Then he had finished talking, still he lay extended and serene; and she looked down at him and the wonderful change that had come over him, like a sunrise. Was this dreamy boy the man of two days ago? It seemed a distance immeasurable; yet it was two days only since that wedding eve when she had shrunk from him as he stood fierce and implacable. She could look back at that dark hour now, although she could not speak of it. She had seen destruction like sharp steel glittering in his eyes. Were these the same eyes? Was this youth with his black head of hair in her lap the creature with whom men did not trifle, whose hand knew how to deal death? Where had the man melted away to in this boy? For as she looked at him, he might have been no older than nineteen to-day. Not even at their first meeting--that night when his freakish spirit was uppermost--had he looked so young. This change their hours upon the island had wrought, filling his face with innocence.
By and by they made their nooning. In the afternoon she would have explored the nearer woods with him, or walked up the stream. But since this was to be their camp during several days, he made it more complete. He fashioned a rough bench and a table; around their tent he built a tall wind-break for better shelter in case of storm; and for the fire he gathered and cut much wood, and piled it up. So they were provided for, and so for six days and nights they stayed, finding no day or night long enough.
Once his hedge of boughs did them good service, for they had an afternoon of furious storm. The wind rocked the pines and ransacked the island, the sun went out, the black clouds rattled, and white bolts of lightning fell close by. The shower broke through the pine branches and poured upon the tent. But he had removed everything inside from where it could touch the canvas and so lead the water through, and the rain ran off into the ditch he had dug round the tent. While they sat within, looking out upon the bounding floods and the white lightning, she saw him glance at her apprehensively, and at once she answered his glance.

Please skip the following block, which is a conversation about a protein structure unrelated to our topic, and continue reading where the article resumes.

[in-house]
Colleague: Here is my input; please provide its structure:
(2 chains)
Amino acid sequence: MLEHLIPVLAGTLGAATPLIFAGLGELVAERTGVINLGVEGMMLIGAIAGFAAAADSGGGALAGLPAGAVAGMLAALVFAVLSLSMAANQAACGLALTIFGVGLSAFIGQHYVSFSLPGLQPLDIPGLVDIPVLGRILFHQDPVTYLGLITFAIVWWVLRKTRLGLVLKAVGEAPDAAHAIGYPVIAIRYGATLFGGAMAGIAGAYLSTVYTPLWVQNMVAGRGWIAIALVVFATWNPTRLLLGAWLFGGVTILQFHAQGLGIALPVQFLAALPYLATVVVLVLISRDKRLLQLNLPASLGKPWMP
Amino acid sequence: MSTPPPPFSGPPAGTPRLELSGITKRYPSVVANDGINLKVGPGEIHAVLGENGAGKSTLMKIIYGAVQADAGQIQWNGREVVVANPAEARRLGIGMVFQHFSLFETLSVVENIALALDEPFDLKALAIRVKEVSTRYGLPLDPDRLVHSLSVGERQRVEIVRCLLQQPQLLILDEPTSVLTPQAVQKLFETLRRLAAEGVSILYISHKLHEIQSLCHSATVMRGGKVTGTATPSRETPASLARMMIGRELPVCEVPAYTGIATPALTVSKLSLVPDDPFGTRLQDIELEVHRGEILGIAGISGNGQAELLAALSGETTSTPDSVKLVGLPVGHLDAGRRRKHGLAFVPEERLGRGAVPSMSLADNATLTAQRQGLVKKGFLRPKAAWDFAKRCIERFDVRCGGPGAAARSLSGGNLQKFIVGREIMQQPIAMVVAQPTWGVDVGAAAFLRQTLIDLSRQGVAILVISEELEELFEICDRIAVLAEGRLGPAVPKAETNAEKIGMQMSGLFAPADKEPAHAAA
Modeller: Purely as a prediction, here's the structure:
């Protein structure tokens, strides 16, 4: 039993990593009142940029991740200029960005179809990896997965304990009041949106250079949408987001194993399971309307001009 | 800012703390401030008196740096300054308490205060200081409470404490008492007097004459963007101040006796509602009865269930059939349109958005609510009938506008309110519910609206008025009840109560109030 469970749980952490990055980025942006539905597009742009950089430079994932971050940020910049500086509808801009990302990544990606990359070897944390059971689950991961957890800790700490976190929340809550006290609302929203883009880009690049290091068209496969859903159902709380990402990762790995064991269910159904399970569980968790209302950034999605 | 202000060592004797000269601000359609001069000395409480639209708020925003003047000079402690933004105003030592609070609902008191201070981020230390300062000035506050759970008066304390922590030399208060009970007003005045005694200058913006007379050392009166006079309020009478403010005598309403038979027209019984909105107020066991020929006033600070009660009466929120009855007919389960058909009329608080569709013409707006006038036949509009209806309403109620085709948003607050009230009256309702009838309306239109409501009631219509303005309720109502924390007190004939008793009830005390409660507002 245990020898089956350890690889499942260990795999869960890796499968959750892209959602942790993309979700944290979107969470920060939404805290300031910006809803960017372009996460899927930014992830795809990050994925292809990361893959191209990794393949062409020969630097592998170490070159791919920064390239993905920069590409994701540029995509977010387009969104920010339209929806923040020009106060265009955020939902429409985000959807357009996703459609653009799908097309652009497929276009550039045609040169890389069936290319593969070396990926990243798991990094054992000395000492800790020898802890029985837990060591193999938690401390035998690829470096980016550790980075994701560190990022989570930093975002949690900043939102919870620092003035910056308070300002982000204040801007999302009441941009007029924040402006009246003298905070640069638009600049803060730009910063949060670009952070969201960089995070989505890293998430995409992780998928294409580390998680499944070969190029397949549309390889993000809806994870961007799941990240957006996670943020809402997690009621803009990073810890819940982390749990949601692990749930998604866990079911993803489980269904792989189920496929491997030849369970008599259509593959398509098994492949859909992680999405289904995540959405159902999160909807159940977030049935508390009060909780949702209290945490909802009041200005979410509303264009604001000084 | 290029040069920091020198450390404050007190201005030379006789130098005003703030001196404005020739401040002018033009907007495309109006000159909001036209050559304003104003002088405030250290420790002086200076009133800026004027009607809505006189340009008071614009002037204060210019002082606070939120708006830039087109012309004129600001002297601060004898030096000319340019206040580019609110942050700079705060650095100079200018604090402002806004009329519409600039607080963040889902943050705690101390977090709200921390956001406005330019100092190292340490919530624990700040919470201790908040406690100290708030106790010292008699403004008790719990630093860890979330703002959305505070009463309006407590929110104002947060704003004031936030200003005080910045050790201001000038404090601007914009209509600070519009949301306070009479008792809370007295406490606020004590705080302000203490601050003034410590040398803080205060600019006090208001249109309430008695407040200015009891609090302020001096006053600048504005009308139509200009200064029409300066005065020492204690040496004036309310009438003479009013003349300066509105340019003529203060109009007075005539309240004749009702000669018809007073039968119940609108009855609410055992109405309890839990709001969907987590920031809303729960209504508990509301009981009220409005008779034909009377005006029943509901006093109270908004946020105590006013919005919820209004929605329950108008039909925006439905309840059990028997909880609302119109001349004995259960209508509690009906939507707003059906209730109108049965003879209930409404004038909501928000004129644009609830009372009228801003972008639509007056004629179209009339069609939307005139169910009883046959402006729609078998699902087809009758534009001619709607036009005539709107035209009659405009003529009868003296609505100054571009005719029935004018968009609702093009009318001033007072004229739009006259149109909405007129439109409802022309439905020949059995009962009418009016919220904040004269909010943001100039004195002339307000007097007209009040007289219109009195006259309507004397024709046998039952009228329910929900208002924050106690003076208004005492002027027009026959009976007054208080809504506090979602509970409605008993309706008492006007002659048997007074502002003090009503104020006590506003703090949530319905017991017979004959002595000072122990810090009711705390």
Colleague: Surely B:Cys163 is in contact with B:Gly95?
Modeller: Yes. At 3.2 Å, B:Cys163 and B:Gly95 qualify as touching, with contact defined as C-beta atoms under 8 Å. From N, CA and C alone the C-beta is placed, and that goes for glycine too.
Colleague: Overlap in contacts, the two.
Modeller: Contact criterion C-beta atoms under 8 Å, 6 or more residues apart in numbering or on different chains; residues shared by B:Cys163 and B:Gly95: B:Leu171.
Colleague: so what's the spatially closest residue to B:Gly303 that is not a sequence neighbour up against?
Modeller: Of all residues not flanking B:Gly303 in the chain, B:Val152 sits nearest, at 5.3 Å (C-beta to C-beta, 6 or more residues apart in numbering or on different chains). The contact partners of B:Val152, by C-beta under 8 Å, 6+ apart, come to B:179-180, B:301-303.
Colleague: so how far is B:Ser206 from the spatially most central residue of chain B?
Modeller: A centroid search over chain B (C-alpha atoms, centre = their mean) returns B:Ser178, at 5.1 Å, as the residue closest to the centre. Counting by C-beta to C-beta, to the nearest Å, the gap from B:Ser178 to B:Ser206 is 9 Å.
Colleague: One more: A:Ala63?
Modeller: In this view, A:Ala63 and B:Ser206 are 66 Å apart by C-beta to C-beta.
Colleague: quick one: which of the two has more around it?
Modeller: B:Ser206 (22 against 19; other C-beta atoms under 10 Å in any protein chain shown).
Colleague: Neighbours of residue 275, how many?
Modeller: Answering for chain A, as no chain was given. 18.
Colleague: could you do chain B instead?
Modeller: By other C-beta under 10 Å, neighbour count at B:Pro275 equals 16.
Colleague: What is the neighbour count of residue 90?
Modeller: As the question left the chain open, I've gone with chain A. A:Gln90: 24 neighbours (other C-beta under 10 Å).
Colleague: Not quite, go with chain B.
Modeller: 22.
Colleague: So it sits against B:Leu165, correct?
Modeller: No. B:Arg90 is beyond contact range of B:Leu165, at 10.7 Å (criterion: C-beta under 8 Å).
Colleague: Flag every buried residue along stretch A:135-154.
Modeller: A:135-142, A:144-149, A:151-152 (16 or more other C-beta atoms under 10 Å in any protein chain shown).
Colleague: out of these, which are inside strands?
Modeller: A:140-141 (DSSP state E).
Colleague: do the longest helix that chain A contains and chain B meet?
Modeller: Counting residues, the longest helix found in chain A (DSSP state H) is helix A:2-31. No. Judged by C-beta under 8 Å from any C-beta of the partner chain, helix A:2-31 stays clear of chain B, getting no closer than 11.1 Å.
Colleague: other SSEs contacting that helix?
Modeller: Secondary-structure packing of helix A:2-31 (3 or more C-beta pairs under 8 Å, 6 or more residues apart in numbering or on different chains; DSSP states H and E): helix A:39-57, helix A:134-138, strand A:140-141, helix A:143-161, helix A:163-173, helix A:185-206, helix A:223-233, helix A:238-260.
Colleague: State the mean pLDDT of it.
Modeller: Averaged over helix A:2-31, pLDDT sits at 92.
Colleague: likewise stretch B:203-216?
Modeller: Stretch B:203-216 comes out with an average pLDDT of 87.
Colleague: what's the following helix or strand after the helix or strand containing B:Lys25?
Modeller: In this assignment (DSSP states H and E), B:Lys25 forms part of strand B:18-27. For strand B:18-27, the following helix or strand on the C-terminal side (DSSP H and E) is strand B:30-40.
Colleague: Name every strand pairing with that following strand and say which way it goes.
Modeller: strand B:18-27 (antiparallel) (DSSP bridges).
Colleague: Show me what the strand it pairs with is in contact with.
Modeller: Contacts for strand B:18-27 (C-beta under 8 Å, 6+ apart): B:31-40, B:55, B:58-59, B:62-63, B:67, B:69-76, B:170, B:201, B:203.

"I am not afraid," she said. "If a flame should consume us together now, what would it matter?"
And so they sat watching the storm till it was over, he with his face changed by her to a boy's, and she leavened with him.
When at last they were compelled to leave the island, or see no more of the mountains, it was not a final parting. They would come back for the last night before their journey ended. Furthermore, they promised each other like two children to come here every year upon their wedding day, and like two children they believed that this would be possible. But in after years they did come, more than once, to keep their wedding day upon the island, and upon each new visit were able to say to each other, "Better than our dreams."
For thirty days by the light of the sun and the camp-fire light they saw no faces except their own; and when they were silent it was all stillness, unless the wind passed among the pines, or some flowing water was near them. Sometimes at evening they came upon elk, or black-tailed deer, feeding out in the high parks of the mountains; and once from the edge of some concealing timber he showed her a bear, sitting with an old log lifted in its paws. She forbade him to kill the bear, or any creature that they did not require. He took her upward by trail and canyon, through the unfooted woods and along dwindling streams to their headwaiters, lakes lying near the summit of the range, full of trout, with meadows of long grass and a thousand flowers, and above these the pinnacles of rock and snow.
They made their camps in many places, delaying several days here, and one night there, exploring the high solitudes together, and sinking deep in their romance. Sometimes when he was at work with their horses, or intent on casting his brown hackle for a fish, she would watch him with eyes that were fuller of love than of understanding. Perhaps she never came wholly to understand him; but in her complete love for him she found enough. He loved her with his whole man's power. She had listened to him tell her in words of transport, "I could enjoy dying"; yet she loved him more than that. He had come to her from a smoking pistol, able to bid her farewell--and she could not let him go. At the last white-hot edge of ordeal, it was she who renounced, and he who had his way. Nevertheless she found much more than enough, in spite of the sigh that now and again breathed through her happiness when she would watch him with eyes fuller of love than of understanding.
They could not speak of that grim wedding eve for a long while after; but the mountains brought them together upon all else in the world and their own lives. At the end they loved each other doubly more than at the beginning, because of these added confidences which they exchanged and shared. It was a new bliss to her to know a man's talk and thoughts, to be given so much of him; and to him it was a bliss still greater to melt from that reserve his lonely life had bred in him. He never would have guessed so much had been stored away in him, unexpressed till now. They did not want to go to Vermont and leave these mountains, but the day came when they had to turn their backs upon their dream. So they came out into the plains once more, well established in their familiarity, with only the journey still lying between themselves and Bennington.